DAYTONA BEACH, Fla. (AP) — Michelle Wie is in the final group at a golf tournament for the first in more than two years, this time without the pressure of trying to win her first tournament as a pro.
Wie saved par on three of her last four holes Saturday for a 4-under 68 that left her one shot behind former NCAA champion Stacy Lewis at the LPGA Tour qualifying tournament, where the only goal is to leave LPGA headquarters with a full-time job. (She struggled early on Sunday. Live scoring updates are here.)
Better than being in second place, Wie was nine shots clear of the cutoff for the top 20 players to earn their cards.
Lewis hit a delicate pitch over the bunker to an elevated green for a tap-in birdie on the par-5 16th, sending her to a 5-under 67 and the lead at 15-under 273.
Wie went bunker-to-bunker on the 15th and escaped with par, made birdie from the greenside bunker on the 16th, hit a tough chip down the slope to save par on the 17th and closed out her round with another tough bunker save on the 18th to finish at 14-under 274.
Amy Yang of South Korea, who has won on four tours around the world, shot a 67 and was at 275.
They will be in the final group at the easier Champions course, which is being used for the last round this year because it accommodates a small grandstand behind the 18th green and allows for more movement of spectators.
There usually aren’t any spectators at Q-school except for family and friends, yet Wie has drawn out fans who are curious to see a 19-year-old from Hawaii who has been playing LPGA Tour events since she was 12.
Wie played in the final group of a major when she was 13, made a strong bid at qualifying for the U.S. Open when she was 16 and then suffered through a horrendous year of injuries, shattered confidence and high scores until pulling herself out of a rut.
Now, the part-time Stanford student is one round away from LPGA membership.
Wie’s only victory on the mainland came 30 minutes down the road at Ocean Hammock, where she won the U.S. Women’s Amateur Public Links after she had just finished the eighth grade.
That was the one thing she failed to do while taking sponsor’s exemptions and earning worldwide fame in golf – win a tournament. She doesn’t have to at Q-school, as long as she finishes in the top 20.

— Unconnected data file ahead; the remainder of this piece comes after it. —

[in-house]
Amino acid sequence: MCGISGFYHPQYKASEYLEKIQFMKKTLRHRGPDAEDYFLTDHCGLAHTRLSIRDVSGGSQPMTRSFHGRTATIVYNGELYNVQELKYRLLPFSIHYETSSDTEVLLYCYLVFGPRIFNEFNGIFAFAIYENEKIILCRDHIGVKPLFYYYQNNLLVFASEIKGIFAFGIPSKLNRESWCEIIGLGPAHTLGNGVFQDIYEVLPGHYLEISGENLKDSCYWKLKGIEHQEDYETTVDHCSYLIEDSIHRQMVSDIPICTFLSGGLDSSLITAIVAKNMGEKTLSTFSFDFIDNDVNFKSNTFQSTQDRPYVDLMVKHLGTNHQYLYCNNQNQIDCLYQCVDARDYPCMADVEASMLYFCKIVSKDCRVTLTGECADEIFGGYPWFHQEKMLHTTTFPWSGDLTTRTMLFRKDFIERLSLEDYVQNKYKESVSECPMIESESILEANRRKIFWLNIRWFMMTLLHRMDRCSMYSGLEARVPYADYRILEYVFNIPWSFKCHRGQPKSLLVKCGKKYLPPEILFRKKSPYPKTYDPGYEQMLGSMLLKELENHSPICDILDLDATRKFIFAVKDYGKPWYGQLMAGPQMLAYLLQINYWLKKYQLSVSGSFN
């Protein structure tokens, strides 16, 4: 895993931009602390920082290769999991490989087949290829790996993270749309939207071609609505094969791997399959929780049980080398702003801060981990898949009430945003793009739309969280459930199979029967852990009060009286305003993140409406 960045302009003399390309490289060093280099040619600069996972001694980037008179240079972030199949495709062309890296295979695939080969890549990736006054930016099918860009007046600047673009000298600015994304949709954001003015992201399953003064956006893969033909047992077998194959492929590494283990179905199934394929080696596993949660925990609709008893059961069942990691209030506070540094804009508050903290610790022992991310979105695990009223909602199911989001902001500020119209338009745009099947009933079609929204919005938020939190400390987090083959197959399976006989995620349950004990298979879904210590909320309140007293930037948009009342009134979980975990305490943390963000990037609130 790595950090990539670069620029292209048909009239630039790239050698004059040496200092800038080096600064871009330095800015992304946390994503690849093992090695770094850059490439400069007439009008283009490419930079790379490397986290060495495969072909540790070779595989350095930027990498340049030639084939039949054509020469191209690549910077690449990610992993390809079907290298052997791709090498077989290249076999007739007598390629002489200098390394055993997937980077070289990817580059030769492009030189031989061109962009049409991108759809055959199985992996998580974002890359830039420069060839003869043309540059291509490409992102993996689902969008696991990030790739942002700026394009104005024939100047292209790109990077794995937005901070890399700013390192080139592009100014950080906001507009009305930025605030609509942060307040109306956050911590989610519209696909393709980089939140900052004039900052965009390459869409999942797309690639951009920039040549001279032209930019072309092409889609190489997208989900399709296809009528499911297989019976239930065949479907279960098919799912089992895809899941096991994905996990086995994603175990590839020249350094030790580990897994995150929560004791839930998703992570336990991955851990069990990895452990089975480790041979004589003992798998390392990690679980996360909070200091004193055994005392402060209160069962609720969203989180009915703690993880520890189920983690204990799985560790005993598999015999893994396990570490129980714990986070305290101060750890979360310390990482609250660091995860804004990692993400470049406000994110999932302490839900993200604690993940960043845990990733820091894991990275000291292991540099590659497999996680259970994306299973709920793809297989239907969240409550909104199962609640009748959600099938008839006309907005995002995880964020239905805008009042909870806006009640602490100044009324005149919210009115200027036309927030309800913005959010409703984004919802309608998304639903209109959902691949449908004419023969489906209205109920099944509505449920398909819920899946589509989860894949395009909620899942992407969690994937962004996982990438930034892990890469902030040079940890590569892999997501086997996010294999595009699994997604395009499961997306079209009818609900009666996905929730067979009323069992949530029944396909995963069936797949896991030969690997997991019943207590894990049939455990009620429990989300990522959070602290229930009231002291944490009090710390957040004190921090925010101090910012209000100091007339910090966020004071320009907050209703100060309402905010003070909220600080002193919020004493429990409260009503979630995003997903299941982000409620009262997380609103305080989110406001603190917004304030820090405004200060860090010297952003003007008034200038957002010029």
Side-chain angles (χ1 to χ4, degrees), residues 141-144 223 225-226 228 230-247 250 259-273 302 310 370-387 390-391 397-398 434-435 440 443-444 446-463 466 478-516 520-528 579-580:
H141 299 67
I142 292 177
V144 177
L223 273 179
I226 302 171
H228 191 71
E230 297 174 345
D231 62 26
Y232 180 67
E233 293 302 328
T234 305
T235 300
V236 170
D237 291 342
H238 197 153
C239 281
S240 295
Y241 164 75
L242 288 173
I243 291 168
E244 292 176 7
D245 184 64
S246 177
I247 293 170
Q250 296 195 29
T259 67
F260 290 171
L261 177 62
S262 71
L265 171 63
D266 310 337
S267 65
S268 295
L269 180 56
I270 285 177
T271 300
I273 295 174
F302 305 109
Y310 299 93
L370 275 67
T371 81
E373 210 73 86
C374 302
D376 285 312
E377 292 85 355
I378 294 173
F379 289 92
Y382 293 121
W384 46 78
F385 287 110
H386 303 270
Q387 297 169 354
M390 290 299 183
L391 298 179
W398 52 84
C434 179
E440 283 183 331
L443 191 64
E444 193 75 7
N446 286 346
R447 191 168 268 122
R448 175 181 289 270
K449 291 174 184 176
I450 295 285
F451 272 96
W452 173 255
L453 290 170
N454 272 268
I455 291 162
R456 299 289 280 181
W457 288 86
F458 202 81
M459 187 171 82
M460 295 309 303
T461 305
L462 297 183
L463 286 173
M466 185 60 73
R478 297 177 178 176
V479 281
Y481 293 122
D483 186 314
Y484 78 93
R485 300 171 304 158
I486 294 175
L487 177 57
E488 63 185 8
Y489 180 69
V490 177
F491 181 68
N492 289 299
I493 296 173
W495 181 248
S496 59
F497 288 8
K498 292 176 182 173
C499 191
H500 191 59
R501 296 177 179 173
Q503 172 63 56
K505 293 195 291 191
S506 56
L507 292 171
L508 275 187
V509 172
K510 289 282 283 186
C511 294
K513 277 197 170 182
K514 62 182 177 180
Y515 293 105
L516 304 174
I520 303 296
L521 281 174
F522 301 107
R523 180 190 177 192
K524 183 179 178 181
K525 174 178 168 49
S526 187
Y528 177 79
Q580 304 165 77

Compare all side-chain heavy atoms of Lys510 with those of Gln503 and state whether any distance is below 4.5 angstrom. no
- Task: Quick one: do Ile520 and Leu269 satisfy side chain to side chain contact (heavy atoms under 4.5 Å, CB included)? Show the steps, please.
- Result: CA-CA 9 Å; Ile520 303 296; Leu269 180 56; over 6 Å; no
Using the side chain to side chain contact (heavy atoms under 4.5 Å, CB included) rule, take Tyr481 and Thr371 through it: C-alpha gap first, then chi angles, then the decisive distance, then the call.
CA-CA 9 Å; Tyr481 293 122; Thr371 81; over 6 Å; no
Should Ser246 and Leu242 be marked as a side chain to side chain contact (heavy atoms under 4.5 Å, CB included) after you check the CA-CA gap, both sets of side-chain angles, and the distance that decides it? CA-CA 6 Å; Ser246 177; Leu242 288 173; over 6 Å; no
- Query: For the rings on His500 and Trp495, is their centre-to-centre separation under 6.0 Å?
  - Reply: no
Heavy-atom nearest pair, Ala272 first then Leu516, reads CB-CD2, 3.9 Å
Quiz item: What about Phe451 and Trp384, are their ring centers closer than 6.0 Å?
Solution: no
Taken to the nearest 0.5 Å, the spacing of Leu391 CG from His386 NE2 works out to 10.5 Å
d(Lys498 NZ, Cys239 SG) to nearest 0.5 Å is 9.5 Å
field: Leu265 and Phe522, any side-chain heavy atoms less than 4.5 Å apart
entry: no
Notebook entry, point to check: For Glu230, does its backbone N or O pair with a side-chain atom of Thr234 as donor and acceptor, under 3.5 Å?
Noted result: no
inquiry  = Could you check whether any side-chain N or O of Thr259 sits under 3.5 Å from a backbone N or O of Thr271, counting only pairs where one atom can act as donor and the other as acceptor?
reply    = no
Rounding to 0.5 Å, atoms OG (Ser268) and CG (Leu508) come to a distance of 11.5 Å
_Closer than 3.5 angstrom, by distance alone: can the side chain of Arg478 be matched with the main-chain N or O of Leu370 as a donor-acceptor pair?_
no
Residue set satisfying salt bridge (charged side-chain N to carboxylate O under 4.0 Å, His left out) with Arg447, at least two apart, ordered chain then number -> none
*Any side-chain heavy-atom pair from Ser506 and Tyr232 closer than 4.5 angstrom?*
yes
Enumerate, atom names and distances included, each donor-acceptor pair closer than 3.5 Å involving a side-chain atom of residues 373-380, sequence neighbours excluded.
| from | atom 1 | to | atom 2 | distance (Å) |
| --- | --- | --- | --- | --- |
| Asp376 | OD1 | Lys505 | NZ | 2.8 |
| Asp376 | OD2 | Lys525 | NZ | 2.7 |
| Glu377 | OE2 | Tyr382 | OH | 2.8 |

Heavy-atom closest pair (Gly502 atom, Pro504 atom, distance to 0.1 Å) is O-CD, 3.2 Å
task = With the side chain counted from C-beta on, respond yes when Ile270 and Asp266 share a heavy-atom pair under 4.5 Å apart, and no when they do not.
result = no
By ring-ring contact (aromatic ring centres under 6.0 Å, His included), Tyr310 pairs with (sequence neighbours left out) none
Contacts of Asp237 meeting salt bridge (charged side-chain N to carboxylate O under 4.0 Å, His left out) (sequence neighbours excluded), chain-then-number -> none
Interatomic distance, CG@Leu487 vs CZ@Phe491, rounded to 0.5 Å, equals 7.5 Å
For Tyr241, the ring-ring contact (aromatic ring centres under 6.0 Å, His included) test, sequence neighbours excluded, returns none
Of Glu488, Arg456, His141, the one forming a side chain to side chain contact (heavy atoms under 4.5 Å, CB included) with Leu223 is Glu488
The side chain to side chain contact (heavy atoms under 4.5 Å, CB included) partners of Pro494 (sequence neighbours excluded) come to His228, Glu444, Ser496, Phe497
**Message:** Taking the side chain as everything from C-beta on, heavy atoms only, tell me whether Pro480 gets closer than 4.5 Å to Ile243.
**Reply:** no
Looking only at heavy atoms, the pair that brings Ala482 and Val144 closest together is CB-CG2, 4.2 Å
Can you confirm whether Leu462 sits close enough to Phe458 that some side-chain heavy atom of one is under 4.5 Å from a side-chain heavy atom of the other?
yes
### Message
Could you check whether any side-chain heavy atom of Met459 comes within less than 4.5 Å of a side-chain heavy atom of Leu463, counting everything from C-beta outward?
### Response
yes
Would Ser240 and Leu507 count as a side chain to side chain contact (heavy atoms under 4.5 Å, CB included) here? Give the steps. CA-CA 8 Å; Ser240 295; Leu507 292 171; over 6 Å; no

No trophy will be awarded Sunday, although Lewis plans to play as if that were the case.
“I want to win,” Lewis said. “I wouldn’t be terribly upset if I didn’t, but that’s why I came here.”
Lewis, who won an NCAA title while at Arkansas, wouldn’t be at Q-school except for an archaic LPGA policy that did not count her earnings from a tie for third at the U.S. Women’s Open, the biggest event on the LPGA Tour schedule. That was her first tournament as a pro, and she played in the final group at Interlachen.
“There was more pressure at the Open,” Lewis said. “I’ve felt really comfortable here all week.”
It won’t bother her playing with Wie, especially after beating her by one shot when they were in the same group Friday.
“She’s a good player,” Lewis said. “But it’s not like she’s a step above everybody else.”
Wie gets far more attention than the rest of the field at Q-school – even those already on the LPGA Tour – for six years of headlines, good and bad. She was in Sunday contention at majors four times while still in high school, and twice shot 68 at the Sony Open on the PGA Tour, the lowest score ever by a female competing against men.
And she’s still a draw. Even though only about 200 people were in the gallery, it was more than Lewis saw on the Futures Tour, and more than anyone can ever recall at Q-school. On the sixth tee, a marshal gathered the fans and instructed them where to walk so they wouldn’t cause the round to take longer than it already did (about five hours).
Wie’s only big mistake came on the eighth hole when she hooked her tee shot into the hazard, and had to two-putt up the ridge from 30 feet to escape with bogey. She bounced back with a birdie on the ninth, knocked in an 18-footer after a poor wedge on the 13th, and then showed off a superior wedge game over the closing holes.
The biggest move came from Louise Stahle, who shot a 65 to move into a tie for 12th.
Only the top 70 and ties advanced to the final round, a 72-hole cut that knocked out former Kraft Nabisco Championship winner Patricia Meunier-LeBouc, who shot 73 and missed by one shot.